But the best thing you can do now is strategize. Believe me, the marketing/publicity machine will take you by surprise. Having a plan in place beforehand will greatly benefit you. Here are 25 tips:

  1. Decide how many out of state visits you’ll do in a year, then stick to it.
  2. Winnow out non-paying jobs (speaking-wise) to maximize time.
  3. Try to cluster your speaking all at once.
  4. If you’re going somewhere anyway, query local churches and radio stations and bookstores to book several venues.
  5. Consider using part of your advance to hire a publicity person. A good publicist is worth his/her weight in gold (or these days, gas!). They do all the hard work for you—finding media outlets, scheduling appearances and interviews, and garnering reviews and articles. Although I know I COULD do these things, I simply don’t have the time to do them. I do have time for interviews of course, but all the behind the scenes stuff overwhelms me.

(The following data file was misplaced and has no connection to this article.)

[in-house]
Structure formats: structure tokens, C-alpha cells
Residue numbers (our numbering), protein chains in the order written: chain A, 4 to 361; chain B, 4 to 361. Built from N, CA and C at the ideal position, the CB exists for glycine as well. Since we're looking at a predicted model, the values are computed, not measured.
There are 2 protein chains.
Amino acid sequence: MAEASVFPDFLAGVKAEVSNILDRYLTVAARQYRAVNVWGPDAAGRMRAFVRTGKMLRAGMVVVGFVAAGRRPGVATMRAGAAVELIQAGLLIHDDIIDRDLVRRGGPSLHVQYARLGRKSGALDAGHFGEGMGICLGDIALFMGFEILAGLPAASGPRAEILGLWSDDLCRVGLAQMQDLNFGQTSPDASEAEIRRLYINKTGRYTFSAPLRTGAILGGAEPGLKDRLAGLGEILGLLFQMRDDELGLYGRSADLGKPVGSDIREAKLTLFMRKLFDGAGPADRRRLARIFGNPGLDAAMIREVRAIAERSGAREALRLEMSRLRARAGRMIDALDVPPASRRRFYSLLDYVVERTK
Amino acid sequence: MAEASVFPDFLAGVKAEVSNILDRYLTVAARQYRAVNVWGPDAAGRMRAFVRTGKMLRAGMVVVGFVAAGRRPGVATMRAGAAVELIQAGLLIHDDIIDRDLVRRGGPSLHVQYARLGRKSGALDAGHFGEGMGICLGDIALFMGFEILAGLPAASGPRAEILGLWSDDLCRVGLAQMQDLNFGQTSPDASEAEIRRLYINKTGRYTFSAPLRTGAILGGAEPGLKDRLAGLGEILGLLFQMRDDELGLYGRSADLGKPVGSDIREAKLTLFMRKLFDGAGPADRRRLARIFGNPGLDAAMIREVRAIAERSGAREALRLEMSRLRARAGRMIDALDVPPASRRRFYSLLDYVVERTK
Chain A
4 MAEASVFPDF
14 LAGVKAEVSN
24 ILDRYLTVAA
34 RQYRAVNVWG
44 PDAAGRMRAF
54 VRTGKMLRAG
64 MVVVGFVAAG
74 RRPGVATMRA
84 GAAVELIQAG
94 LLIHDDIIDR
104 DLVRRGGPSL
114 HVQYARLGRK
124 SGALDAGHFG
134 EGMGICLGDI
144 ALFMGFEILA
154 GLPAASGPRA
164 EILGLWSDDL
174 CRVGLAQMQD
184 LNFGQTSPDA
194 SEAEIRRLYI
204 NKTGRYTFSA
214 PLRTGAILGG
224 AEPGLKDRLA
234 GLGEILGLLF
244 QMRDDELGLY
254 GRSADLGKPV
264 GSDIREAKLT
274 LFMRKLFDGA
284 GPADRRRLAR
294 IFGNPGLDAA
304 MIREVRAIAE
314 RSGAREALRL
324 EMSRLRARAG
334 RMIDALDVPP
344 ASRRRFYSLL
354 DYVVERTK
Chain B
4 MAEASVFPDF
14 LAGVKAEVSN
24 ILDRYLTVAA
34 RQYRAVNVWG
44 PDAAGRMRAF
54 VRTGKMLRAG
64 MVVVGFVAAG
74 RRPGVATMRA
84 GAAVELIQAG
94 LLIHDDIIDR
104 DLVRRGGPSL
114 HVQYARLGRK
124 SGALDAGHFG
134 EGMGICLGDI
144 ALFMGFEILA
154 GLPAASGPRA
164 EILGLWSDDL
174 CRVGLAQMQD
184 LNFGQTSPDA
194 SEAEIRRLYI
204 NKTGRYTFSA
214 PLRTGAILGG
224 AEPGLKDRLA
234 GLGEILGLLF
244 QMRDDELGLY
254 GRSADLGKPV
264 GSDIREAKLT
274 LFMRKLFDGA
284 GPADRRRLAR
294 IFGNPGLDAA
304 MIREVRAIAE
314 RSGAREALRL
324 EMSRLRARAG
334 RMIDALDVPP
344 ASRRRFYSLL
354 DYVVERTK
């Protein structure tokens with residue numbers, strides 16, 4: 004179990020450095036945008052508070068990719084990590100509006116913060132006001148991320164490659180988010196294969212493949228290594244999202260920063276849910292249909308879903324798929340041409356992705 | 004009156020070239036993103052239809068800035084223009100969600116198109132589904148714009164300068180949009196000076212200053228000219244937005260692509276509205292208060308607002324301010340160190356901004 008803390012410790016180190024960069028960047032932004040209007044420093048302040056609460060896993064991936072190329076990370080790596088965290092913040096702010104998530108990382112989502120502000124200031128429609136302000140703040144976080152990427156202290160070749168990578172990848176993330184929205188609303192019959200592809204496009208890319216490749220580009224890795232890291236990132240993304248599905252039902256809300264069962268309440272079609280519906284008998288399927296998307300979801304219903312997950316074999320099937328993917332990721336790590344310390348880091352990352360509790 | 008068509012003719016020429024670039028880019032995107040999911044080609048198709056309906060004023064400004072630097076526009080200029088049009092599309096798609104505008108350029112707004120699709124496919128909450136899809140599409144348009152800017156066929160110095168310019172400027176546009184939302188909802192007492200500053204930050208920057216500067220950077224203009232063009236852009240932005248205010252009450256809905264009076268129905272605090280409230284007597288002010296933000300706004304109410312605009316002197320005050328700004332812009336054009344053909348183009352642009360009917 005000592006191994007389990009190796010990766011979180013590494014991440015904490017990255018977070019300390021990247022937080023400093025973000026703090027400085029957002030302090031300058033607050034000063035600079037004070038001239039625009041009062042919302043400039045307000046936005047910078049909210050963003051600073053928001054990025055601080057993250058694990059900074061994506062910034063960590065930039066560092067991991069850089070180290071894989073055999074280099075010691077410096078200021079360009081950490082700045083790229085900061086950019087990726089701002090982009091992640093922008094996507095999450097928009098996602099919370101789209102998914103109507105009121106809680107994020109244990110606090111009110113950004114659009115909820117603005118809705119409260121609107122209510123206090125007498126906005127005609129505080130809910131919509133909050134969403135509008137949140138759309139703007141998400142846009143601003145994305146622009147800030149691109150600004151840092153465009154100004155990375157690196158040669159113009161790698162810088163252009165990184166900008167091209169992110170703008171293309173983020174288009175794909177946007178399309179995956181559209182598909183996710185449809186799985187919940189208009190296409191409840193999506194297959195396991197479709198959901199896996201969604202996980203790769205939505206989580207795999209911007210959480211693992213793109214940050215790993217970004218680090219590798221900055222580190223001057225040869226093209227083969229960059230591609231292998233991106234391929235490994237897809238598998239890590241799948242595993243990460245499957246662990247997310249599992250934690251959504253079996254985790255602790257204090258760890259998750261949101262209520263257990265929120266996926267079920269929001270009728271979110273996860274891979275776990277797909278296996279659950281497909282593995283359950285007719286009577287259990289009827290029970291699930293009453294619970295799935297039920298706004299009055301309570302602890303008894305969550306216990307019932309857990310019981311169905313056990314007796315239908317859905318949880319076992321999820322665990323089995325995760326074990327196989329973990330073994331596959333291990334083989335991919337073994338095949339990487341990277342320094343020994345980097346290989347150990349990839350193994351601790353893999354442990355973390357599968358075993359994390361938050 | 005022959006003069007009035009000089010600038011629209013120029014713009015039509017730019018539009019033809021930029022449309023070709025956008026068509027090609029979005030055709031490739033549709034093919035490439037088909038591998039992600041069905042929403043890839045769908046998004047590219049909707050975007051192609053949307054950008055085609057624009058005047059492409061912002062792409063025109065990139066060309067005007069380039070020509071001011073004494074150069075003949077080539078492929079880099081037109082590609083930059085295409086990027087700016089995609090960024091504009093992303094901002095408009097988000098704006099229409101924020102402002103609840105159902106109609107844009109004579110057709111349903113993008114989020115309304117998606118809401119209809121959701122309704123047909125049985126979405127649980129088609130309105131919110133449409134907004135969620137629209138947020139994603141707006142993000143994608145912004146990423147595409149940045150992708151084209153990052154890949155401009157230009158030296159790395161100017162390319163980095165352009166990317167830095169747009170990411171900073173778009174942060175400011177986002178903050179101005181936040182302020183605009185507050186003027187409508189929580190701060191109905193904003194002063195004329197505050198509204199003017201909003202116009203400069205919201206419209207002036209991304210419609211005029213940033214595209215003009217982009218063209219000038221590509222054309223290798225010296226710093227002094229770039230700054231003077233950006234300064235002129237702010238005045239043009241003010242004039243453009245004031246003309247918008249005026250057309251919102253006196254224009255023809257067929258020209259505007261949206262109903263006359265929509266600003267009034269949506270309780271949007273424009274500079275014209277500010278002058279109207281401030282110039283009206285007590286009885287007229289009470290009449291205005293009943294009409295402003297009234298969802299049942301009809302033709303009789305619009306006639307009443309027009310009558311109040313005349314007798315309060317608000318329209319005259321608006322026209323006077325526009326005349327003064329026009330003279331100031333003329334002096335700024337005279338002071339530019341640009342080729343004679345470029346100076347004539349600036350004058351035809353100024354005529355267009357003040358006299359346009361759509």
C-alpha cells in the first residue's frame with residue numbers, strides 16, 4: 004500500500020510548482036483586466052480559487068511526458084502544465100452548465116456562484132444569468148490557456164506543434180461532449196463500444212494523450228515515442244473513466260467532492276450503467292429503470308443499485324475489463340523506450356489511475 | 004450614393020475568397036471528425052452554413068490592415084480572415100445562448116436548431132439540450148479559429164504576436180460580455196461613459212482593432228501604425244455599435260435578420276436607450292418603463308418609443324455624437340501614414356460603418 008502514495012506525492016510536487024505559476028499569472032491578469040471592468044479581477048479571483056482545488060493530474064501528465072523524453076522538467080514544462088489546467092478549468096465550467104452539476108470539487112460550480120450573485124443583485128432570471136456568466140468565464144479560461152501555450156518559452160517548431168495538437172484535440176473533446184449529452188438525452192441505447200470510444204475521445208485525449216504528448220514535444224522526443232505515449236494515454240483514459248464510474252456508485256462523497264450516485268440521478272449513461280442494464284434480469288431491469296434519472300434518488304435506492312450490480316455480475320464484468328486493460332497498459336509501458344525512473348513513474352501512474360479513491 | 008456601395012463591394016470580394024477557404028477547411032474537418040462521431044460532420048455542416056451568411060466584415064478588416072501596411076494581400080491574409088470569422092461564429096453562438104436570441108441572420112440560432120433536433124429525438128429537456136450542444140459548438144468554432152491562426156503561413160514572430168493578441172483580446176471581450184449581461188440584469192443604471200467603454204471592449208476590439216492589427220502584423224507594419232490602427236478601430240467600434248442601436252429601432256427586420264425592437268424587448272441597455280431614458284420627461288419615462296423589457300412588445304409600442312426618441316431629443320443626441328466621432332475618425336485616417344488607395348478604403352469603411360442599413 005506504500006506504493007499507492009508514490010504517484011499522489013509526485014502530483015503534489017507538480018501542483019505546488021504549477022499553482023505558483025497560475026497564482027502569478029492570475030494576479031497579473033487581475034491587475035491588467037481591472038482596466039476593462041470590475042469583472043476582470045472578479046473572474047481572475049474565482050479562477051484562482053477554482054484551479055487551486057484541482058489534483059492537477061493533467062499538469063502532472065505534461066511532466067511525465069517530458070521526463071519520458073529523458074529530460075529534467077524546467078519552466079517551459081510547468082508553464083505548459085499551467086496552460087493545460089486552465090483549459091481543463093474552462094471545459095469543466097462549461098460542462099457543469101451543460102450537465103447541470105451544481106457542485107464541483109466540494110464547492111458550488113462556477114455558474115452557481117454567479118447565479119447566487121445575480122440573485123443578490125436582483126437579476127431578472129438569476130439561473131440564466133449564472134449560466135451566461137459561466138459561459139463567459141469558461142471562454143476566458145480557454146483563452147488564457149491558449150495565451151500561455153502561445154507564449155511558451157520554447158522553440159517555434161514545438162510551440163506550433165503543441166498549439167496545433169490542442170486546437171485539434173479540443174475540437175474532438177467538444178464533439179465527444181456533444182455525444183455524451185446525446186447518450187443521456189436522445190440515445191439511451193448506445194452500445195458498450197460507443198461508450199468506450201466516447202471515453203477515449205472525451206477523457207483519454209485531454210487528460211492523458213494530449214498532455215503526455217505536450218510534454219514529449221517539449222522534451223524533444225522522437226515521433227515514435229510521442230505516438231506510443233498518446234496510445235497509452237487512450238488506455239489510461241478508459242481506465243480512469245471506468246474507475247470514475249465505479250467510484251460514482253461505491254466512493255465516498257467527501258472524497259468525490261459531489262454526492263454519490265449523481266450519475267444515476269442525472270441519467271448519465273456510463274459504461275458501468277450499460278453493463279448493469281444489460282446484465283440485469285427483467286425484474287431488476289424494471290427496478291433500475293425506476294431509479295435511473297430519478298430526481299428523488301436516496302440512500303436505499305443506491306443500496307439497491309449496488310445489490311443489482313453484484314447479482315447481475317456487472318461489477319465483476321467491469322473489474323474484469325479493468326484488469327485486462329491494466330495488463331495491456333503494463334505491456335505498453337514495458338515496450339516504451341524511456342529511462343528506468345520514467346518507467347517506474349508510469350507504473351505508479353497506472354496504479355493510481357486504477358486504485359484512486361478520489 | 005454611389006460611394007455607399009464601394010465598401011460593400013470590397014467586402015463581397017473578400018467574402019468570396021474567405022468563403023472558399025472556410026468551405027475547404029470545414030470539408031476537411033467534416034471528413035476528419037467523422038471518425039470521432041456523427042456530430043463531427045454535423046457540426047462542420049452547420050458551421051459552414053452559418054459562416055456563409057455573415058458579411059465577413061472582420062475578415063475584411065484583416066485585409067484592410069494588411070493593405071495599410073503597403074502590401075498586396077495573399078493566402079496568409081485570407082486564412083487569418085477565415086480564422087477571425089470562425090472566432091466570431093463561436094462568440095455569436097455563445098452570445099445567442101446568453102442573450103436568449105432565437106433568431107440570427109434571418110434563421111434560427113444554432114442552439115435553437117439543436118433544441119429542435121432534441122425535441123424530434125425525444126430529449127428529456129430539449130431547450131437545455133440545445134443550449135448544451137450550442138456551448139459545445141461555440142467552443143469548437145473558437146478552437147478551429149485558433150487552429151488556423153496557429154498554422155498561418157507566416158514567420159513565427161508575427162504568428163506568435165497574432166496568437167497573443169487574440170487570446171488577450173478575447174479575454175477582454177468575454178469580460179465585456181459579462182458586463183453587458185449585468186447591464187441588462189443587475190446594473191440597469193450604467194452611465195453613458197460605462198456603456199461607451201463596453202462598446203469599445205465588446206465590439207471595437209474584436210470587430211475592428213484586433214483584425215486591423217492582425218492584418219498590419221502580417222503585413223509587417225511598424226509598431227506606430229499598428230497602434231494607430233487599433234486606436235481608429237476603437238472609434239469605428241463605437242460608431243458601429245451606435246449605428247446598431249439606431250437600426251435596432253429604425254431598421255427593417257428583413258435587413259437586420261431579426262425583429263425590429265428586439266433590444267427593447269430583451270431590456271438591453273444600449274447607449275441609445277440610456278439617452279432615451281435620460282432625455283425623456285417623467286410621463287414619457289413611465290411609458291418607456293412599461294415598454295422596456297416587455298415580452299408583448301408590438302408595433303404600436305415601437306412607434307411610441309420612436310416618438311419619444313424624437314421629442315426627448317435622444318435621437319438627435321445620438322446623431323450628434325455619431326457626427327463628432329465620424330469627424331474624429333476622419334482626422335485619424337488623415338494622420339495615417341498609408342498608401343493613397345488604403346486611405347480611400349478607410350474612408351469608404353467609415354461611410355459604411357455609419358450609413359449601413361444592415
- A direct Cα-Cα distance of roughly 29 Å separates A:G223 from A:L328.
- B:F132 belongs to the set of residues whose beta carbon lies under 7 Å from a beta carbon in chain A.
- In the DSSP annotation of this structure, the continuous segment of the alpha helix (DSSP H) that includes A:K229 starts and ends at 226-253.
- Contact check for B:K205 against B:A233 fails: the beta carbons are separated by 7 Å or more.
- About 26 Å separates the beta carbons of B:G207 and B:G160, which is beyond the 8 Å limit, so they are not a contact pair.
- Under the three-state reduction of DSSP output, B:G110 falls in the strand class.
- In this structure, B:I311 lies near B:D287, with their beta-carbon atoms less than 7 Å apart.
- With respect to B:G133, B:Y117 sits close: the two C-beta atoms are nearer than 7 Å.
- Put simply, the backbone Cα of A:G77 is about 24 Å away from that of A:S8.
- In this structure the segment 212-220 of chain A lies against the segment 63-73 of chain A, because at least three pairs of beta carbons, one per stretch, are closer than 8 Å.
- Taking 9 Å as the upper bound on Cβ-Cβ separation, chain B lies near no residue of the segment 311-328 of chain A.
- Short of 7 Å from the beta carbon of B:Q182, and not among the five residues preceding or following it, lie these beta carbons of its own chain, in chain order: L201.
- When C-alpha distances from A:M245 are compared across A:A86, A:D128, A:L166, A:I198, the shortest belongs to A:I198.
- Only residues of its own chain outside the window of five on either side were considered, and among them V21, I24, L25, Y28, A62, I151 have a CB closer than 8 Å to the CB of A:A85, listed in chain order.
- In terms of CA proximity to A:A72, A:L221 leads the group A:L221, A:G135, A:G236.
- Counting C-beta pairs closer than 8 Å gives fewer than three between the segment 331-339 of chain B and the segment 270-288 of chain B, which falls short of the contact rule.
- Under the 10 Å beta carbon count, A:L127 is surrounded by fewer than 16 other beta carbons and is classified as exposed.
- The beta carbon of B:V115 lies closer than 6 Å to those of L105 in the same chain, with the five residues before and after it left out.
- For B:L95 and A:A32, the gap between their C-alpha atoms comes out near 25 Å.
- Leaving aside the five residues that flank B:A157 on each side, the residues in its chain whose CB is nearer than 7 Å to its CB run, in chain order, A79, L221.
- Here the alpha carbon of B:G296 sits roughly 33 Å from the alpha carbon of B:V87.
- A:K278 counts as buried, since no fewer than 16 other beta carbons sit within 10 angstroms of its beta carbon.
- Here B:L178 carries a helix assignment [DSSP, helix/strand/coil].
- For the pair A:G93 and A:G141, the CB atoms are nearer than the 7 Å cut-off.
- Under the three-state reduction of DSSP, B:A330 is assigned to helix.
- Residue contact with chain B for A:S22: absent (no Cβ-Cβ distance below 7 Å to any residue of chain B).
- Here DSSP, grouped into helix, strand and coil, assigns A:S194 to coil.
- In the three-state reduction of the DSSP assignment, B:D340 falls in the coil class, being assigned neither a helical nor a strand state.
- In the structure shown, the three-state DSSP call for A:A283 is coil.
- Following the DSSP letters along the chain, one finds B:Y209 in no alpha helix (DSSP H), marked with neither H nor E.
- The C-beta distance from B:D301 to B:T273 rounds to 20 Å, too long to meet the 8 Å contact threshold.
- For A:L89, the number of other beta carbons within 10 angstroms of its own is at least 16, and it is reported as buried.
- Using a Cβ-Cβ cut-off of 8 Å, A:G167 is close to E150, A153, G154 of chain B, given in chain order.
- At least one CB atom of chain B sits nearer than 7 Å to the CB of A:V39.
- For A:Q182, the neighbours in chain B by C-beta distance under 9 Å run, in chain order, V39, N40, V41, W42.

6. Consider hiring a personal assistant part time (5-10 hours a week) to help you with marketing and publicity.
  7. Have an accountability prayer team who keeps you honest about the time you’re spending away from your family.
  8. Each publicity/media opportunity that comes your way, pray that the Lord would use your words to touch many. Don’t think of it as a time to perform or do shameless promotion of your book, but as a chance to further the Kingdom of God.
  9. Enlist the help of your spouse and kids to do promotion (sending out books, database entry, etc.) so they feel ownership in what you do.
  10. Ask your family for permission if you take a far-away opportunity to speak.
  11. In the initial stages of your speaking career (if you have one), you’ll usually say yes a lot to low-paying, far-away venues. But as you improve and charge higher fees, really consider the cost benefit analysis of your time. I can write a sellable article or two in the time it would take me to speak. So I’m more careful of my time, and speak less (more strategically).